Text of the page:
“Nobody” as Trailblazing Comedy

Black History Month got off to a good start for lovers of acoustic sound when Vulture named “The 100 Jokes That Shaped Modern Comedy” this week. There in pole position was “Nobody” by Bert Williams from 1906. The compilers note that they weren’t looking for “one-liners” necessarily, as much as for “a discrete moment of comedy.” They contend that Bert’s performance of “Nobody” gains its power from the tension between its upbeat musicality and its mournful lyrics. It seems a stretch to call the music “upbeat”—it’s fairly doleful throughout—but we’ll grant that the chorus has a certain whimsical flavor that adds irony to Bert’s lament. Of course, the biggest musical joke in the piece lies in the trombone swoops that imitate human wailing.

The label for the 1906 recording of Nobody (Archeophone Records Collection)

The label for the 1906 recording of Nobody (Archeophone Records Collection)

Vulture got it right by saying it’s the self-deprecation of the unfortunate loser that makes “Nobody” so funny. The fact that a black man would give comedic voice to his trials and tribulations, the indignities and put-upons suffered at the hands of others really was revolutionary. Williams was the highest paid African American (well, Caribbean by birth, actually) in show business and had more leeway in what he did on stage than others who looked like him. When he spoke-sang the words of “Nobody”—when he made those irresistible mugging faces and did his shuffling dance—he worked his way with laughter into the hearts of white Americans who may not have thought much about social equality. Lots of other people recorded the song—from Arthur Collins to Johnny Cash—and those versions aren’t as funny as Bert’s.

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Tribute to Darrell

Darrell Baker, in character as Fagin

Darrell Baker, in character as Fagin (Darrell Baker, via Facebook)

Last week we lost one of our best friends and staunchest supporters, Darrell Baker. In between the last e-mails we exchanged a few weeks ago and our plan to call him this weekend for his 69th birthday, pancreatic cancer intervened, and now he’s gone in a flash.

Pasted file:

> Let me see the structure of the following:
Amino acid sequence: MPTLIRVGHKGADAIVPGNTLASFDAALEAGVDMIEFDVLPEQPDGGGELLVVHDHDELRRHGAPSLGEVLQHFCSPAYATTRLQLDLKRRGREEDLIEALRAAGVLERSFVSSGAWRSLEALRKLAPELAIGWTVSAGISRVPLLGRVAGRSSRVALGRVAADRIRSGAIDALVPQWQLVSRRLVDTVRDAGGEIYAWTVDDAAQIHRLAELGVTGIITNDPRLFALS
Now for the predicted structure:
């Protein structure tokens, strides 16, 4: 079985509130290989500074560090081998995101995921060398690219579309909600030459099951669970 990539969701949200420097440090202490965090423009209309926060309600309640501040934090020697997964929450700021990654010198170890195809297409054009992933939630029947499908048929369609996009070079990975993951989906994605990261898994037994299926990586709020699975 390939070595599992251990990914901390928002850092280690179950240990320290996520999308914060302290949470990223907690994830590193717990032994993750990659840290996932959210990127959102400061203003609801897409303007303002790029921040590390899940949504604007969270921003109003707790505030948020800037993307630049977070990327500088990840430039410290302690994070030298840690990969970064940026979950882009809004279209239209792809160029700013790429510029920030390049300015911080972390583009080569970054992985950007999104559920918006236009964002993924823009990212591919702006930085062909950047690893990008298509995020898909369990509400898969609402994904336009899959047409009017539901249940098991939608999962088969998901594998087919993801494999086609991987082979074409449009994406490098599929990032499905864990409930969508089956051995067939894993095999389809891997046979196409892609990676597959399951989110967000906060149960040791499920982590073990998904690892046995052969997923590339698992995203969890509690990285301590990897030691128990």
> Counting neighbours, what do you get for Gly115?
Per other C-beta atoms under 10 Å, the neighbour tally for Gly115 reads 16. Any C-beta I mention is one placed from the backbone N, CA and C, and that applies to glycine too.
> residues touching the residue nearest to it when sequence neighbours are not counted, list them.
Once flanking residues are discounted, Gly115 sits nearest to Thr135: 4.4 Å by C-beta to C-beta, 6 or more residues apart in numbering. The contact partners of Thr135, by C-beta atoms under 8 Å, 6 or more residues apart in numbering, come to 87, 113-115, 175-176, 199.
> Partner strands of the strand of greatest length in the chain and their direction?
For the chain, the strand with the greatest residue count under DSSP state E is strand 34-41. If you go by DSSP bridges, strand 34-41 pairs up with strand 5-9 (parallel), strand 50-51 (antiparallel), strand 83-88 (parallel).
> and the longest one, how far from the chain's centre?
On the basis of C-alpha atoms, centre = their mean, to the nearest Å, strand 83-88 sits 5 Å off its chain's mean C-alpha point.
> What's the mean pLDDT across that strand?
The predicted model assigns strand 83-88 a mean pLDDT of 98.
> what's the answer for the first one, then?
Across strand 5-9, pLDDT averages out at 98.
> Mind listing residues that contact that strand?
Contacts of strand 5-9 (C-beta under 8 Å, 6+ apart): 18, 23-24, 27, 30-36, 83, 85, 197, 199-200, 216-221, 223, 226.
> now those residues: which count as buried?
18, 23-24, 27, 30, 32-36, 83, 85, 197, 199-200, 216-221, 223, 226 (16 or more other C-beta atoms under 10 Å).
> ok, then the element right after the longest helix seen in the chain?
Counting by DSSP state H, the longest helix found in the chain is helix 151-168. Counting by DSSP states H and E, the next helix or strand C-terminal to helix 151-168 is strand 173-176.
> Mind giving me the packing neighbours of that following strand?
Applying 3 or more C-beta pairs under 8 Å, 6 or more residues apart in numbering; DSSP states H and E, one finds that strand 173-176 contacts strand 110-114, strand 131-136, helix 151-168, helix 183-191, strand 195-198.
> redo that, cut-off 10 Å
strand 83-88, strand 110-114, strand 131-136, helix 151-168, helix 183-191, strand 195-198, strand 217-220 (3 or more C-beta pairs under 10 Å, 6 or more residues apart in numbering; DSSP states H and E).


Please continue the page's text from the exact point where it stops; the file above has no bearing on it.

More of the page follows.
Darrell’s great early musical loves were Harry Lauder, Al Jolson, and Bert Williams. It was because of Bert that we first “met”—as people do nowadays, by e-mail—back in late 2001. He enthusiastically offered his assistance (and records) in putting together our CD volumes of Bert Williams’ records. Over time Darrell became a trusted consultant, helping us with selecting records for projects, loaning us items from his collection, reviewing our writing, connecting us with other collectors, and even helping us pitch our restorations correctly. He was funny and irreverent and kept us honest.

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Bert Williams on the Silver Screen

Tonight we’re attending a screening of Bert Williams Lime Kiln Club Field Day at the Logan Center for the Arts on the campus of the University of Chicago. Filmed in 1913 but never released, the film was thought lost by the few who even knew of its existence, and it has taken decades to identify and put together the version now before us.

Seven unidentified reels of silent footage had sat in storage at New York’s Museum of Metropolitan Art (MoMA) since the museum’s first curator, Iris Barry, had obtained them in 1939 from Biograph in a hoard of 900 negatives—saved from sure destruction, as the company was just then going out of business. Rushes from the hoard were printed on safety film stock in the 1970s, and restoration began in the 1980s. Someone noticed the existence of a film portraying middle-class pleasures being enjoyed by an all-black cast—including legendary vaudeville star Bert Williams. The only reference to the film in print that has been found is a 1914 obituary of a crew member; fortunately, it’s a match.

A still from Bert Williams Lime Kiln Club Field Day

A still from Bert Williams Lime Kiln Club Field Day (Courtesy of MoMA)

MoMA’s curatorial team began assembling the film in 2004. They’ve taken the rushes (or what are often called “dailies,” the raw, unedited footage) and put them together, including some multiple takes, into a rough narrative. We get to see not only the genius of Williams and his acting peers from the Harlem arts circle of the early 1910s, but also—because of the rough nature of the product—the mechanics of early film-making, the subtleties of direction and acting, the humor and rapport among the cast members. Besides that, the subject matter—African-Americans depicted enjoying life carefree, independently, and intimately, with only a few stereotypes imposed on them—is a stunning revelation for its time. MoMA speculates that the film was never released because of the impact that D. W. Griffith’s Birth of a Nation had both on race relations in America and characterizations of blacks in the cinema. That film “poisoned the well for progressive filmmakers,” reasons Ashley Clark, in an article that provides a good overview of the project. In a way, the historical record has been corrected, as the Library of Congress’ National Film Registry added Bert Williams Lime Kiln Club Field Day to its list last year.

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